Defendant insists that plaintiffs are guilty of laches because they failed to exercise due diligence to discover the Village's breach of trust and also that the Village ought not to be compelled to pay such claims at such a late date because of undue hardship.

As can be seen from the foregoing facts, defendant argues that because the bondholders were "professional" or "sophisticated" their failure to discover the Village's breach of trust was the result of their failure to exercise due diligence. We find no merit to this contention.

It is axiomatic that the Village as Trustee had a duty of fidelity toward its bondholder beneficiaries. They were not parties dealing at arms length but on the contrary the beneficiary was entitled to and did repose trust and confidence in the Village. The beneficiary bondholders were not required to be distrustful or suspicious of the conduct of the Village Treasurer absent circumstances which would have warranted a reasonable suspicion that the Trustee might not have been fulfilling its duties. From the foregoing facts it does not appear that there was anything suggesting misconduct by the Trustee which ought to have been investigated. The Trustee made more or less regular payments to the bondholders. Nothing in the manner of payment or the amount thereof suggested any reason for the bondholders to become suspicious. The evidence indicates not only that other special assessment bondholders of the Village of Palatine acted as did the plaintiffs but also that plaintiffs serviced their Palatine bonds in the same manner as they serviced their bonds with other municipalities. In this connection it should be observed that defendant has wholly failed to offer any evidence as to any time when its defaults should have become known to plaintiffs.

Special reference has been directed to the fact that Lawrence Sutton, who died in 1959, had two or three years prior to his death, filed suit against the Village of Palatine with respect to other special assessment bonds not the subject of this proceeding. His widow was questioned concerning this action and she indicated that she knew some proceeding had been filed and that it had been settled. According to her testimony the bonds included in the present action were apparently in the possession of a bondholders' protective committee and their whereabouts were unknown to her until after her husband's death. The defendant asserts that Mrs. Sutton is precluded from recovery on her bonds because of her deceased husband's knowledge of the Village's defaults. Such an assertion might be valid if supported by the evidence. However, so far as the record discloses the only reference to the prior suit is the fact that it was filed with respect to other special assessment bonds and settled. The basis for the action is not shown in the record and there is no indication that the action was based on the Village's failure to ratably distribute special assessment funds. Accordingly such assertion is beyond the record.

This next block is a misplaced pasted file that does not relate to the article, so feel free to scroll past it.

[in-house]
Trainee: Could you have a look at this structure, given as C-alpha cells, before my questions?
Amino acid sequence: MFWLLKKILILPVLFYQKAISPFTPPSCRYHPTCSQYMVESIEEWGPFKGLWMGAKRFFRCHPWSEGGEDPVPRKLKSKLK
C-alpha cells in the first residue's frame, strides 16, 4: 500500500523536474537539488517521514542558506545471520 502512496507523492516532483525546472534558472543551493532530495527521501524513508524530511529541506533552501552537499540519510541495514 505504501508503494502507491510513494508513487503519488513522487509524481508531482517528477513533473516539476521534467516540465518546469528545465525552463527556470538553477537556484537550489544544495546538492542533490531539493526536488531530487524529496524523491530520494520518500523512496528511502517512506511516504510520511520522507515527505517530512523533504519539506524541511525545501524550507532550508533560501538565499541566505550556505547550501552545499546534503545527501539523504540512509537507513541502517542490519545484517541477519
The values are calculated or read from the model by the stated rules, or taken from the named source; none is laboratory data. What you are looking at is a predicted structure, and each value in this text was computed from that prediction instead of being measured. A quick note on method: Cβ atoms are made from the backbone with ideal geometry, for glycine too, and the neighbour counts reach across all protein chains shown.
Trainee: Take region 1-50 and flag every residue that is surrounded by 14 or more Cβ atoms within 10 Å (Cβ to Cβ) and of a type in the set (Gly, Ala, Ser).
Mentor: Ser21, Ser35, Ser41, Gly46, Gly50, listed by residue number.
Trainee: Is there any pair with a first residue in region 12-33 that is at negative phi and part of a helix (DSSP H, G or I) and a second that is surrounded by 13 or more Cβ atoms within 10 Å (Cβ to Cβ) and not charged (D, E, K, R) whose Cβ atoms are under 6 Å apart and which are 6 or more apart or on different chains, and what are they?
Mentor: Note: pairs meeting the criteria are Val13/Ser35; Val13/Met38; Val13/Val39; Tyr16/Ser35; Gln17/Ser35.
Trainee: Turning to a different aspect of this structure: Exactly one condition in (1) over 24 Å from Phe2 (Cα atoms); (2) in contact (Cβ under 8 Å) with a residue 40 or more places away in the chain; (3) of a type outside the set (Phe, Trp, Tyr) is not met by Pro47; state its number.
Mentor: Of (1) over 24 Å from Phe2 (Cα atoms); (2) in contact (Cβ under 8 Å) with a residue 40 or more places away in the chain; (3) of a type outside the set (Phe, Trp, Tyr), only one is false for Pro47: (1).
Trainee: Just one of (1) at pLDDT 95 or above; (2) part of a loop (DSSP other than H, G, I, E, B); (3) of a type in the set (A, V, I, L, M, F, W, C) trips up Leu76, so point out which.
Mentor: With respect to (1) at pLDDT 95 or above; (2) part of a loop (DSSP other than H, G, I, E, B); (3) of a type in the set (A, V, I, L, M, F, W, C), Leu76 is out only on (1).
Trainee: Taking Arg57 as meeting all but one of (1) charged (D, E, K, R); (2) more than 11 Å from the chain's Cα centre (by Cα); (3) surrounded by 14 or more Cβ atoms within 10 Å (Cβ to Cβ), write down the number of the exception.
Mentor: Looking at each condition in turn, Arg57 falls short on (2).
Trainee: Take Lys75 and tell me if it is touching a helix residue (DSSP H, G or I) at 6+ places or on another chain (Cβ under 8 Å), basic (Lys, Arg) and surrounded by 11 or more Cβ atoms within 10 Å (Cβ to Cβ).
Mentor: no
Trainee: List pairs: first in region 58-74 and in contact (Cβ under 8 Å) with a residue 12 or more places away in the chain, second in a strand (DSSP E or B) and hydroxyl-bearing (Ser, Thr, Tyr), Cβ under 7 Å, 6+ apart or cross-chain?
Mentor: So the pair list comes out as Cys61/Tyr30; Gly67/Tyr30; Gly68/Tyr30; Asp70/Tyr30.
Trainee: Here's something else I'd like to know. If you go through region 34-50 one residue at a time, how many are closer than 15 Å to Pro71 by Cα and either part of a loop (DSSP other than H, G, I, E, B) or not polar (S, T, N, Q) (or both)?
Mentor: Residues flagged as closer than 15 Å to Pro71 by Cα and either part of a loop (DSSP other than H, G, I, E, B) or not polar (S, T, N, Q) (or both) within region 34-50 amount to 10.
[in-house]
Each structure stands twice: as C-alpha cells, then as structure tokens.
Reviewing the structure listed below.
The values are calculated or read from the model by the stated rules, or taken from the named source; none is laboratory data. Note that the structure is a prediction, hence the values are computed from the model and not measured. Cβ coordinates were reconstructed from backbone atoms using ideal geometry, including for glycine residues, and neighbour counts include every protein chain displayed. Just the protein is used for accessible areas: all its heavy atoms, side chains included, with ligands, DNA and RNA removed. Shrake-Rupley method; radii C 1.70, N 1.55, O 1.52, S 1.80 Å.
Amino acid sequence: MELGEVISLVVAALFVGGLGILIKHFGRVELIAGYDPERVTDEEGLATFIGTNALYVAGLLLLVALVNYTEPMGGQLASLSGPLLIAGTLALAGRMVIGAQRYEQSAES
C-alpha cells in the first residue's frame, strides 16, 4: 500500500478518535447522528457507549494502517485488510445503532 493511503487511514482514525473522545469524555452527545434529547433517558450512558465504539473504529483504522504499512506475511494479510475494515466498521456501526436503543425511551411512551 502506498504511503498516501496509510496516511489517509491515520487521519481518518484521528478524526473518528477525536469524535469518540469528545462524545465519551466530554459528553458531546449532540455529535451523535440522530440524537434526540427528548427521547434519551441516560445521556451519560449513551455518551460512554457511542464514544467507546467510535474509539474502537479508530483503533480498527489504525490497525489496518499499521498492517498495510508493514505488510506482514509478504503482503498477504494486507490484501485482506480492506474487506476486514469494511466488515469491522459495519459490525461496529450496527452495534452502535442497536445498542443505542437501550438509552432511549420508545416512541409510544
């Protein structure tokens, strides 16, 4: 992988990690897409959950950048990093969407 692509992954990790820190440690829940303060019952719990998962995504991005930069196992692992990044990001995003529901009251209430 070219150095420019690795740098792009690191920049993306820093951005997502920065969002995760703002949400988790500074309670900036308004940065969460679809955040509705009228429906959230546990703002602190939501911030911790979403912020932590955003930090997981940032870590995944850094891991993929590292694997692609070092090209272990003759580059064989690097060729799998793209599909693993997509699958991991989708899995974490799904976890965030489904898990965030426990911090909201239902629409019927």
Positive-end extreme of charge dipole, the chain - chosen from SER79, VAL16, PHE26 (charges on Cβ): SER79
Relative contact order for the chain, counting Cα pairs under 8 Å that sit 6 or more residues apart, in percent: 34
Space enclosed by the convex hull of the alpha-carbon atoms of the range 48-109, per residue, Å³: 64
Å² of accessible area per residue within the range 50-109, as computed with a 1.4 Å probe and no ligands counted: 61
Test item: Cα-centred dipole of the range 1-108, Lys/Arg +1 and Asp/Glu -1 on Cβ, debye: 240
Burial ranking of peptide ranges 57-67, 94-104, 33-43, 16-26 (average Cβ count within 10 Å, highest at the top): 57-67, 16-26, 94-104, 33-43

We likewise find no merit to the Village's contention that recompense for its breach of trust ought to be denied because of hardship. So far as the record is concerned, the breach of duty of the Village is clearly established and the obligation to respond in damages as a consequence thereof is no more of a hardship than any other obligation to respond in damages.

Finding no error in the judgment of the Circuit Court of Cook County, judgment is affirmed.

Judgment affirmed.

RYAN, P.J. and ALLOY, J., concur.